It is used for producing cathode rays and studying their properties.
It is similar to the Geisler ones, but with gas at less pressure (10-5 atm). Different devices can be placed inside it: paddle wheel, a mica layer, an obstacle in the shape of a Maltese cross, etc.
When a very high potential difference is applied between the electrodes, a fluorescence appears situated opposite the cathode and, unlike what happened with Geissler tubes, this fluorescence has always a greenish colour (regardless of the gas used as filler). To explain this phenomenon, the cathode was supposed to emit a radiation which, falling upon the glass of the tube, induced in it a characteristic brightness.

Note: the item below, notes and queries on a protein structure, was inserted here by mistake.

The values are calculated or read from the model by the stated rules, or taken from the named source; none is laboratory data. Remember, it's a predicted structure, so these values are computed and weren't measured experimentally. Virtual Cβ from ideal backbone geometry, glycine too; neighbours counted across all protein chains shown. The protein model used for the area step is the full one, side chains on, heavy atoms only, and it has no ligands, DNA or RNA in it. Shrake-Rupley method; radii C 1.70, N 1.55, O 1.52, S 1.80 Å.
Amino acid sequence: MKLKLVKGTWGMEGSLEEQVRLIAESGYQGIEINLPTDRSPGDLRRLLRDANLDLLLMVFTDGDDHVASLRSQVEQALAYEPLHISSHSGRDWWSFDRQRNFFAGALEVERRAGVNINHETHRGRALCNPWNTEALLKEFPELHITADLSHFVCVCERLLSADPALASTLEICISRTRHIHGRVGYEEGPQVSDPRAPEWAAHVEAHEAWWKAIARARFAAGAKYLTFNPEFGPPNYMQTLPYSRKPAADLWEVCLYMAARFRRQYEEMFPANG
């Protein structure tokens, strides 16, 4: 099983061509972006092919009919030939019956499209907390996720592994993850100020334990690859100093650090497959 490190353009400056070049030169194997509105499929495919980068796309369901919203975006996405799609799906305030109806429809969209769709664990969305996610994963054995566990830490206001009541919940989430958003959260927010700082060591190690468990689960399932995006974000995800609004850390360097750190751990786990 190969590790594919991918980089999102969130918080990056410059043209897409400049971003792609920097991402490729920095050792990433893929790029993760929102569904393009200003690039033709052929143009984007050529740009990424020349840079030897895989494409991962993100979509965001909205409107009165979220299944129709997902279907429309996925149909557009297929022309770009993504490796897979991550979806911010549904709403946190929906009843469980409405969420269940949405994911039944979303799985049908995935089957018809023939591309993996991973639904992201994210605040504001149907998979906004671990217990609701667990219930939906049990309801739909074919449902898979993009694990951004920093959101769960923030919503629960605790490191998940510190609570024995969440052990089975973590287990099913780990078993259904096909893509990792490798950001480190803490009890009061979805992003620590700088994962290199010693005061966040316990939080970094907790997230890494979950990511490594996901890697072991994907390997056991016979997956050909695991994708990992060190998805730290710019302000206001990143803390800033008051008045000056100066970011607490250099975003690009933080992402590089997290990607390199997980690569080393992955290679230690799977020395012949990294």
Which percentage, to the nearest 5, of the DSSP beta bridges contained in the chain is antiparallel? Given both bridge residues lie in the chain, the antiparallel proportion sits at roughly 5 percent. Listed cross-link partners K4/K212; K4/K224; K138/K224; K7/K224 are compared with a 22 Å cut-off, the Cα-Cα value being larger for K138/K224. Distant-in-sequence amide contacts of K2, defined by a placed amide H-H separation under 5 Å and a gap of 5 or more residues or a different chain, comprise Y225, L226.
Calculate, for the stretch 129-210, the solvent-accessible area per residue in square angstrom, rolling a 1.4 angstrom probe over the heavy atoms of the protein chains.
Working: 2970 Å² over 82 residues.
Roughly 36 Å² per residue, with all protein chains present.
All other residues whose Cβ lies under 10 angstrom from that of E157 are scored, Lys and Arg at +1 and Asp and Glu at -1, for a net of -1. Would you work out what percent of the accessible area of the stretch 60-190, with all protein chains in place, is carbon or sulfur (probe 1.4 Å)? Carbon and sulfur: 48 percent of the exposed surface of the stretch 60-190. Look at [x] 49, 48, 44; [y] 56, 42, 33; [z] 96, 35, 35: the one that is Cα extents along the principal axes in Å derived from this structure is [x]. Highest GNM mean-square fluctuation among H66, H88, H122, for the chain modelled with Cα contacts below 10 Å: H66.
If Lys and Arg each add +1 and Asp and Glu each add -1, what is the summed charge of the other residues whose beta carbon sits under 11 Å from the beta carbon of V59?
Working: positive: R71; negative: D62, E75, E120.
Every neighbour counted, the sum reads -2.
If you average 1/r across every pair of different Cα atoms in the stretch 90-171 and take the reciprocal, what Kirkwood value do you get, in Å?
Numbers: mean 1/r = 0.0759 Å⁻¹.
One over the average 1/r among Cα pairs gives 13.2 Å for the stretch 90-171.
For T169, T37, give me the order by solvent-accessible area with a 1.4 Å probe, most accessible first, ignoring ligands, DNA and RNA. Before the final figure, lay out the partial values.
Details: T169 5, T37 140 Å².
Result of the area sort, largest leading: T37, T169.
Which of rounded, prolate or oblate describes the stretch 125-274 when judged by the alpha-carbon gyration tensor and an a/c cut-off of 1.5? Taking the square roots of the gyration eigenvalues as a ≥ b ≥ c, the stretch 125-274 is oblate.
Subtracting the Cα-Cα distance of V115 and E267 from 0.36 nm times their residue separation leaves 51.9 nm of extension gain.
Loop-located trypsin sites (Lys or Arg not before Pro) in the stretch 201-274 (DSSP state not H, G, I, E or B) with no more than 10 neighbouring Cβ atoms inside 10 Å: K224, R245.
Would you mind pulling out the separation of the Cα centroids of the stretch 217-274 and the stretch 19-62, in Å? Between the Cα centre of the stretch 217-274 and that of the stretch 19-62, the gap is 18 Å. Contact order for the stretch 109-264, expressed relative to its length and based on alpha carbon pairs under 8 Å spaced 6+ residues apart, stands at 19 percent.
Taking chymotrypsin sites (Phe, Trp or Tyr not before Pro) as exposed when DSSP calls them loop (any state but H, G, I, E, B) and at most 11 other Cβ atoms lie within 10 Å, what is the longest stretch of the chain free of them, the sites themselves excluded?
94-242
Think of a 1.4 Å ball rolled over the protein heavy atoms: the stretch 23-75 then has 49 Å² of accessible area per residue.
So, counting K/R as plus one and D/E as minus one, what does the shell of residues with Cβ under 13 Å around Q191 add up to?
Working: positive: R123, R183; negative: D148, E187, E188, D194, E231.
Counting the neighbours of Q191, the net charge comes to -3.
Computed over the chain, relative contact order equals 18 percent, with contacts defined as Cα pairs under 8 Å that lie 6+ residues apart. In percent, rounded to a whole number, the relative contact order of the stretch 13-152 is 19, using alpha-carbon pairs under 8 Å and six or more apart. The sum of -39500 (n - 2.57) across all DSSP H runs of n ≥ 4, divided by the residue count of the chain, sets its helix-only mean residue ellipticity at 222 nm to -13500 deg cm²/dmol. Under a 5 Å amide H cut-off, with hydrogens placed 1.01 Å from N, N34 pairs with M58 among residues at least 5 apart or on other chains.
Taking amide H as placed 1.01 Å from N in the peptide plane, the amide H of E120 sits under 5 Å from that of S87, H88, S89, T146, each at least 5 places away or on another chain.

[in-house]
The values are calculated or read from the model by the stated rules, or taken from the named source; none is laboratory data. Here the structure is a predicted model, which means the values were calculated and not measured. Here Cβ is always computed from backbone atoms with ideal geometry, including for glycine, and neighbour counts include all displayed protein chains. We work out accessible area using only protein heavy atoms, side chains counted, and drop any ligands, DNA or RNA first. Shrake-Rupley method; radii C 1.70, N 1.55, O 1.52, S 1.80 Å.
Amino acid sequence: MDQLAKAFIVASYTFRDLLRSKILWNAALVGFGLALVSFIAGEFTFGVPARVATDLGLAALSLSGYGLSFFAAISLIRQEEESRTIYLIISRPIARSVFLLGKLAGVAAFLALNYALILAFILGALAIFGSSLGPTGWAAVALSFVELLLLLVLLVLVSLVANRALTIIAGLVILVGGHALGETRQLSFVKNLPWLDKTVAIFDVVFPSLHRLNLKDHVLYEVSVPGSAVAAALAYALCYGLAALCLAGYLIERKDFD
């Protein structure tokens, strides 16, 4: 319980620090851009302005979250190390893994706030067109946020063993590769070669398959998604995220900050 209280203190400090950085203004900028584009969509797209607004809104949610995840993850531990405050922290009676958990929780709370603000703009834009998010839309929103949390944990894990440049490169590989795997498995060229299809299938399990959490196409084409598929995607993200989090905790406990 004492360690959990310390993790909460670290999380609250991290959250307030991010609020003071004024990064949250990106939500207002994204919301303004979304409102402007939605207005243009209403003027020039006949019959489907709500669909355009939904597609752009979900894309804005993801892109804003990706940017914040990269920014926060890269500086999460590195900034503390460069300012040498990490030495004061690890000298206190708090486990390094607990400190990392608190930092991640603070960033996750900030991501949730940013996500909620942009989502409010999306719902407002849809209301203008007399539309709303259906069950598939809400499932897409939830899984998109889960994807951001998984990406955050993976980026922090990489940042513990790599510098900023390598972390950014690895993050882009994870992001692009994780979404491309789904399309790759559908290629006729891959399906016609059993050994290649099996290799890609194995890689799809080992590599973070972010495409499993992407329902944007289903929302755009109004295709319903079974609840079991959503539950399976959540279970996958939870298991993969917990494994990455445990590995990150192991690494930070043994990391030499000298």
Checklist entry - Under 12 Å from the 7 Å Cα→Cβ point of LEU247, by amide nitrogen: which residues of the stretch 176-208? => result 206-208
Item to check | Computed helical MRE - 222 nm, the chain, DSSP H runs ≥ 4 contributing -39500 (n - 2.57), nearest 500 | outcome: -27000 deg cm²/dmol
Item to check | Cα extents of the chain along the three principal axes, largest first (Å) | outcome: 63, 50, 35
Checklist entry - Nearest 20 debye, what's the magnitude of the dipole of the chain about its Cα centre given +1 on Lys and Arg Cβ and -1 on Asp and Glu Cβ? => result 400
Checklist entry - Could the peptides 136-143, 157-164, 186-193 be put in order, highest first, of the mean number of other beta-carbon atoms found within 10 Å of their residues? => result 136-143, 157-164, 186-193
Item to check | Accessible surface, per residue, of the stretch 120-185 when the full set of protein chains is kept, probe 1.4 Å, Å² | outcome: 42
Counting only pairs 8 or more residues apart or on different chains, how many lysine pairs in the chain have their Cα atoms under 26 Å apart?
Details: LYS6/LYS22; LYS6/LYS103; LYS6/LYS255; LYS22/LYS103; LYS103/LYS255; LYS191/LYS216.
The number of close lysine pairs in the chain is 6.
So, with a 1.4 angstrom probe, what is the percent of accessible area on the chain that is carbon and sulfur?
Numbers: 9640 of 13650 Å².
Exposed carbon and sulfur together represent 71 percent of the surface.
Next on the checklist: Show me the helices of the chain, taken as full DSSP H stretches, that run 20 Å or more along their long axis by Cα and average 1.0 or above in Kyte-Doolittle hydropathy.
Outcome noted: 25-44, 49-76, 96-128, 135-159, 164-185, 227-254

If different accesories are placed between the cathode and the anode, we can determine the properties of these “cathode rays” and eventually conclude that they are formed by very light, negatively charged particles. These experiments gain great importance in the development of the theories about the nature of matter, as they suppose the first empiric proof of the existence of elementary subatomic particles.
Experiments with these tubes were developed by English chemist William Crookes from 1895 on.